This topic has 8 replies, 7 voices, and was last updated 5 years, 8 months ago by Brian Goodman.

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    As usual my paint shop has been asked to do a massive amount of quality wood grain in a very short amount of time and I wanted to hear about some of the fastest ways to create upscale wood grains. We are hoping to keep it to 4 or fewer steps and of course are working on materials ranging from maso to plywood to pine 2x4s. I have attached the research images for the specific wood given to us by the scenic designer. Any tips and tricks are greatly appreciated. Thanks!


    Using a paint extender to keep the paint open, you can cover a lot of ground with a terry cloth towel. Work out the general light dark design with a brush then use the towel, made into a pad, avoiding the selvedge edges, very lightly brushing/dragging over the surface to create the grained look.

    I hope that makes sense.

     Rachael Claxton
      • Experience: 5-10 years
      • Scenic Status: Full Time Regular

      I second the terrycloth rag suggestion! That’s my favorite go to way for creating quick interior wood grain. I’ll stumble the base coat, then use the rag for the grain step. You can either roll or brush your grain color on (making sure that it’s got a decent amount of sealer in it so it will come off nicely), then drag the folded up rag through it. Then just throw a tinted sealer on top to tie it all together and you’re done! I love love love terrycloth rag graining. 😀


      Thanks for the suggestions! This is definitely something I will remember for future wood grain. There ended up being large areas of wood and needed to be able to really control the grain detail so it looks like we are using the cut chip brush grain method. A wet blend for a base then two grain colors laid in with a cut chip brush then a glaze to finish.

      The rag grain method seems great for trim. Has anyone used it on wainscoting or paneled doors? Can you use it alongside other grain tools like rockers?

       Rachael Claxton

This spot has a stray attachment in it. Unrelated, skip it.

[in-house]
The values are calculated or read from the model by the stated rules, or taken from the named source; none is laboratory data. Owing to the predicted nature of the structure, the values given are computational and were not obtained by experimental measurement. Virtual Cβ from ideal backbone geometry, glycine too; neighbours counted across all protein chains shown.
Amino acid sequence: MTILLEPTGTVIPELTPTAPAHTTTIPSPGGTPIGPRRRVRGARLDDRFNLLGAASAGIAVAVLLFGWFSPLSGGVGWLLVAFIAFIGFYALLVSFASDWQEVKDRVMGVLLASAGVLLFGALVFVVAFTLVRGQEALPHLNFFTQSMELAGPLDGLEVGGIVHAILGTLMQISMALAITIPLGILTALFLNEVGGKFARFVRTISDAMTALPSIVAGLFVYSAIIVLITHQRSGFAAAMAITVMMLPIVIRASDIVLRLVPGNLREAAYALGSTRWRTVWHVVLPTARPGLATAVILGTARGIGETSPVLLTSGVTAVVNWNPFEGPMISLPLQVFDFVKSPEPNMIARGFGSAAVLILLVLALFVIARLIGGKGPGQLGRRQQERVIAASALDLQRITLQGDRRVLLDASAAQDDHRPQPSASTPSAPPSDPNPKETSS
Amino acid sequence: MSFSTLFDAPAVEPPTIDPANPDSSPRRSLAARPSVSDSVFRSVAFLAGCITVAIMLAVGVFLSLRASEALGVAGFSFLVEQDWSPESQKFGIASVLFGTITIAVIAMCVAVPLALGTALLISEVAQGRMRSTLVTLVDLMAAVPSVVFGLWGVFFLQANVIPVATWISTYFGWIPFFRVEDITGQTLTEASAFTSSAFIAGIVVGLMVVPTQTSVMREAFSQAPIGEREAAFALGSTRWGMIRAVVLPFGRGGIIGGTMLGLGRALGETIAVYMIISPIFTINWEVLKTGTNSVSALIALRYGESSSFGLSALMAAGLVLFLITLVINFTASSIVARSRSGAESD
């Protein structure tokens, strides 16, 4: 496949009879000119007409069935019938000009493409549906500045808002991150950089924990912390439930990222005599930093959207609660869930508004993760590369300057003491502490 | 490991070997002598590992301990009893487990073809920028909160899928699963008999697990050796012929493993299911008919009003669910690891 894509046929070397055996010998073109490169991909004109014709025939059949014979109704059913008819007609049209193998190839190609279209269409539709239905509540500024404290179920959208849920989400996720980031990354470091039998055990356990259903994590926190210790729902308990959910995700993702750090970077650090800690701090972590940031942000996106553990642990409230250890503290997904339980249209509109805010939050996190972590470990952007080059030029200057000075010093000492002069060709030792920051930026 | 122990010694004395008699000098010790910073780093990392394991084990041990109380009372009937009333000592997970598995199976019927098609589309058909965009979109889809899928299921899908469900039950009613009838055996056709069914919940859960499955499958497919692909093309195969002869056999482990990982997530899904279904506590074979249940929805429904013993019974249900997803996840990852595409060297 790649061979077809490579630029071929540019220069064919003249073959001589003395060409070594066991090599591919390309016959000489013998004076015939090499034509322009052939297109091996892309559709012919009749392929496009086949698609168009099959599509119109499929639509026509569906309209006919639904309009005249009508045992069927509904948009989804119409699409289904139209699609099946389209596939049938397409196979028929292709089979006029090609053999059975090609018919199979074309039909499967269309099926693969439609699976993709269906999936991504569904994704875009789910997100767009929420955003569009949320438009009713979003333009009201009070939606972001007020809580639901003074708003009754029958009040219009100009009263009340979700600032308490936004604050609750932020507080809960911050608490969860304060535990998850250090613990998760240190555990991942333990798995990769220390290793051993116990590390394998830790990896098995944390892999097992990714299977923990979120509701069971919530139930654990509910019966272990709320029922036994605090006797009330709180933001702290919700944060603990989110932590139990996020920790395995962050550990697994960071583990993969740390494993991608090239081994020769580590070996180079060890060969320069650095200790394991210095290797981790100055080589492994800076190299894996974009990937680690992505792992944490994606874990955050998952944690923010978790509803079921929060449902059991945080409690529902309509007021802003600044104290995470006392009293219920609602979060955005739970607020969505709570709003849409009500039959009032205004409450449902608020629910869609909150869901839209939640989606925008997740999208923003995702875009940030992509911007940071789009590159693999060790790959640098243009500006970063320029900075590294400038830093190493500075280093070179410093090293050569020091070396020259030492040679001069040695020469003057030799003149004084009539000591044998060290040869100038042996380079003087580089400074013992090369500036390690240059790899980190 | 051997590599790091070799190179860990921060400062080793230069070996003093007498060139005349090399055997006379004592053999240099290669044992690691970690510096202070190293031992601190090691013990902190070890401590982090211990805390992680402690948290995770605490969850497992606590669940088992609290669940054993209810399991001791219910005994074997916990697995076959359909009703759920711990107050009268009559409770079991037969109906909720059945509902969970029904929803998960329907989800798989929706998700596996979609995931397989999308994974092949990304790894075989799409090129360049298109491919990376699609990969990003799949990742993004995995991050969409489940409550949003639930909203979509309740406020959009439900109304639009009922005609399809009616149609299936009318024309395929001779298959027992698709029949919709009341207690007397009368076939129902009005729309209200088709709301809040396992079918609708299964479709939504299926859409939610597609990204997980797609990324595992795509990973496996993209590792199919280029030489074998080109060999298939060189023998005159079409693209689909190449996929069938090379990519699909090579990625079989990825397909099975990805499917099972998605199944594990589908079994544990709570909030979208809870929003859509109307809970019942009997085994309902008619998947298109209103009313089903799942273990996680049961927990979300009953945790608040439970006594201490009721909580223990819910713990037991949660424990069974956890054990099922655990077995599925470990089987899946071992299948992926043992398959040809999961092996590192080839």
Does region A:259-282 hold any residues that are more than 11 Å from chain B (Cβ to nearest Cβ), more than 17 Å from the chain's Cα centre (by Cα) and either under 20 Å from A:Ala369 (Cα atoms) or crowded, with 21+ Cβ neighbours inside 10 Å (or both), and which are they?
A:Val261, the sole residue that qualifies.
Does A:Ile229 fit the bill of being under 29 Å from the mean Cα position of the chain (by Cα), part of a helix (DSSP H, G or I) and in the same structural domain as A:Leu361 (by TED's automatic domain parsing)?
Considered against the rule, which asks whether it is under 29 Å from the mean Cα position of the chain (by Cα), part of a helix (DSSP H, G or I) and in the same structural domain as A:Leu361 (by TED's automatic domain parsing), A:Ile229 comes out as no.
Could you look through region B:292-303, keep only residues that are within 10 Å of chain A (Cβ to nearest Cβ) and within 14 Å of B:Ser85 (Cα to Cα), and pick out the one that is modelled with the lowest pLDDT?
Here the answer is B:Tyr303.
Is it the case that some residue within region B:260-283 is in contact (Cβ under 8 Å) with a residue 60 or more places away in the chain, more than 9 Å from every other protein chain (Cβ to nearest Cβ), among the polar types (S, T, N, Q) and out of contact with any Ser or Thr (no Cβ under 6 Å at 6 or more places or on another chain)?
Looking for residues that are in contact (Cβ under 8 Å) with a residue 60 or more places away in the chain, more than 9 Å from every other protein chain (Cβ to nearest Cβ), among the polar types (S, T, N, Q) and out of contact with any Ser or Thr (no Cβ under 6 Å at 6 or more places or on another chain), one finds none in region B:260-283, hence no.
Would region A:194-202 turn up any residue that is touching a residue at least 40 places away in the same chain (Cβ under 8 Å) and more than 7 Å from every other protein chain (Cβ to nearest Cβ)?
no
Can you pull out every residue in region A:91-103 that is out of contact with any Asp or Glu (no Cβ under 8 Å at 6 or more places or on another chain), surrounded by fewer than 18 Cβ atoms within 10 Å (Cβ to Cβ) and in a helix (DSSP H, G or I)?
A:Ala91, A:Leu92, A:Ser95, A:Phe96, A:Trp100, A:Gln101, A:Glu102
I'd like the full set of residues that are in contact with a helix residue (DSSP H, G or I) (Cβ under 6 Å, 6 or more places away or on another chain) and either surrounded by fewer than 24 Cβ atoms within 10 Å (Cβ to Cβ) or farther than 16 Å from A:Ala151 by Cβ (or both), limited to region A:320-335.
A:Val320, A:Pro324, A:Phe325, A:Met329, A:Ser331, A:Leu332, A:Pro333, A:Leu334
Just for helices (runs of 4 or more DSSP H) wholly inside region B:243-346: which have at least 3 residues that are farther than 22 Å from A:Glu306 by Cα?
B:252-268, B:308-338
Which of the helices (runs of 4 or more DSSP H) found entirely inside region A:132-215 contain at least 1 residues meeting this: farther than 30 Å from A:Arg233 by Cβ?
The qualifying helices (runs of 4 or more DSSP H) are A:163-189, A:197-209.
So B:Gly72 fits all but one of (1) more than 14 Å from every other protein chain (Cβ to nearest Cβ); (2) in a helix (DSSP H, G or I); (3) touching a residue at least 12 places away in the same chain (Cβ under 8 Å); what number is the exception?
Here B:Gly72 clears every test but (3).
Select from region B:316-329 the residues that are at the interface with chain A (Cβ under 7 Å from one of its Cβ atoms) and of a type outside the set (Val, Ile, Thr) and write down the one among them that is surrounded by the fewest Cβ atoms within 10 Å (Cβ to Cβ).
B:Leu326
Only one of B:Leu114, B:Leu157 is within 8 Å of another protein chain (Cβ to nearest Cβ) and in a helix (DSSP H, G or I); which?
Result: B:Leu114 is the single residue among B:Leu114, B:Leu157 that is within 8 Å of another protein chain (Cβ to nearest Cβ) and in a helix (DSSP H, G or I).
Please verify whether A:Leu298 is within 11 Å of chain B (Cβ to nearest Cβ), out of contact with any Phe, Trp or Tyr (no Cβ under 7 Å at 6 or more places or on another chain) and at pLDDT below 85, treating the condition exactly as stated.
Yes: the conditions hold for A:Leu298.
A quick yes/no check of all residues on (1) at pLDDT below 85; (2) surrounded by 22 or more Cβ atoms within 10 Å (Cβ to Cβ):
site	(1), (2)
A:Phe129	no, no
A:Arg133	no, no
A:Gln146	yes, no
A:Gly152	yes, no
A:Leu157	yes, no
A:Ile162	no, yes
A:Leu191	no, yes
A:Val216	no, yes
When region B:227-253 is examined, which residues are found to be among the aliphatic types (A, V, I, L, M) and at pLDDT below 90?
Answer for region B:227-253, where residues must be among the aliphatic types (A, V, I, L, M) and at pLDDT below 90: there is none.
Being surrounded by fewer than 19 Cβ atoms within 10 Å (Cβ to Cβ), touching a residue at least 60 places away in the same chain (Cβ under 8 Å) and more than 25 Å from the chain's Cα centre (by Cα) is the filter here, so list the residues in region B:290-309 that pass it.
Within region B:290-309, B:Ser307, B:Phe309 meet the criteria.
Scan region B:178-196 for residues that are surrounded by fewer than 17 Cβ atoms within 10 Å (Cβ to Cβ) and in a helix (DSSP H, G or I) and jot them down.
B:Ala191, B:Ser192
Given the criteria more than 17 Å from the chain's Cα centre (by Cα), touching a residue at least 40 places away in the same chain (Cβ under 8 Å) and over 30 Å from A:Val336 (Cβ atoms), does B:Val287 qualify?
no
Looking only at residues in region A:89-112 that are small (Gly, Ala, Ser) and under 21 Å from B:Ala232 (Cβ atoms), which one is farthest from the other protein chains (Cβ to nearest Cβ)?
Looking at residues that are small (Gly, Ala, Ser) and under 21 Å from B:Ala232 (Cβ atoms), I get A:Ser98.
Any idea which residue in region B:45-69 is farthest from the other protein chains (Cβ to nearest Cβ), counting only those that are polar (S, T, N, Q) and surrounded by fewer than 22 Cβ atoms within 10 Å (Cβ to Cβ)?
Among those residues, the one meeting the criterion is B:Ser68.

• Experience: 5-10 years
        • Scenic Status: Full Time Regular

        I’ve used it in conjunction with cut brushes and grainers – it works great! You have to be pretty precise about how you work the two methods together, but it can look really cool. It’s real nice on trim and wainscoting as well.

         Lili Lennox
          • Experience: 15-20 years
          • Scenic Status: Full Time Freelance

          Partner Member

          Does anyone else like adding a good “spatter and drag” on their woodgrain?

          (FINE spattering with a slightly darker version of your grain color, then pulling through it directionally with a dry brush)

          I think it adds some nice irregularities… only wish I had a picture on my phone to share!

          Sent from my iPhone using Tapatalk


            Love that method! Perfect for wood that needs to look a bit rougher.


            In addition to the terrycloth towel mentioned above, what are your favorite wood graining tools (rockers etc)? Do you have ones that you like to buy? Do you custom-build them yourself? Our shop inventory is pretty darn thin in the paint department and I’m looking to expand our tool set. Thanks in advance!


            I use old hotel towels we get at Goodwill. Big and still enough texture to work with. One of my favorite floor grainers is a rubber window squeegee which I cut big teeth in, and rubber band strips if towel around. Put a handle in it. Roll on grain color over a base and pull or push the squeegee along removing the grain color and manipulating the lines by twisting and halting your movement. With a bit of practice you can even end and start boards with out masking. If you are working on plywood/masonite panels, just snap a pair of lines for reference and use the roller, cut to your floor board width and squish on the grain color. Pick up the squegee and wipe off what needs to be removed. Seal with a toning glaze.

            For smaller grain work I like the smaller squeegees cut with teeth, just like the graining combs available, but with bigger grips for old arthritic hands. I also cut up the lids from cottage cheese and yogurt to make special combs.

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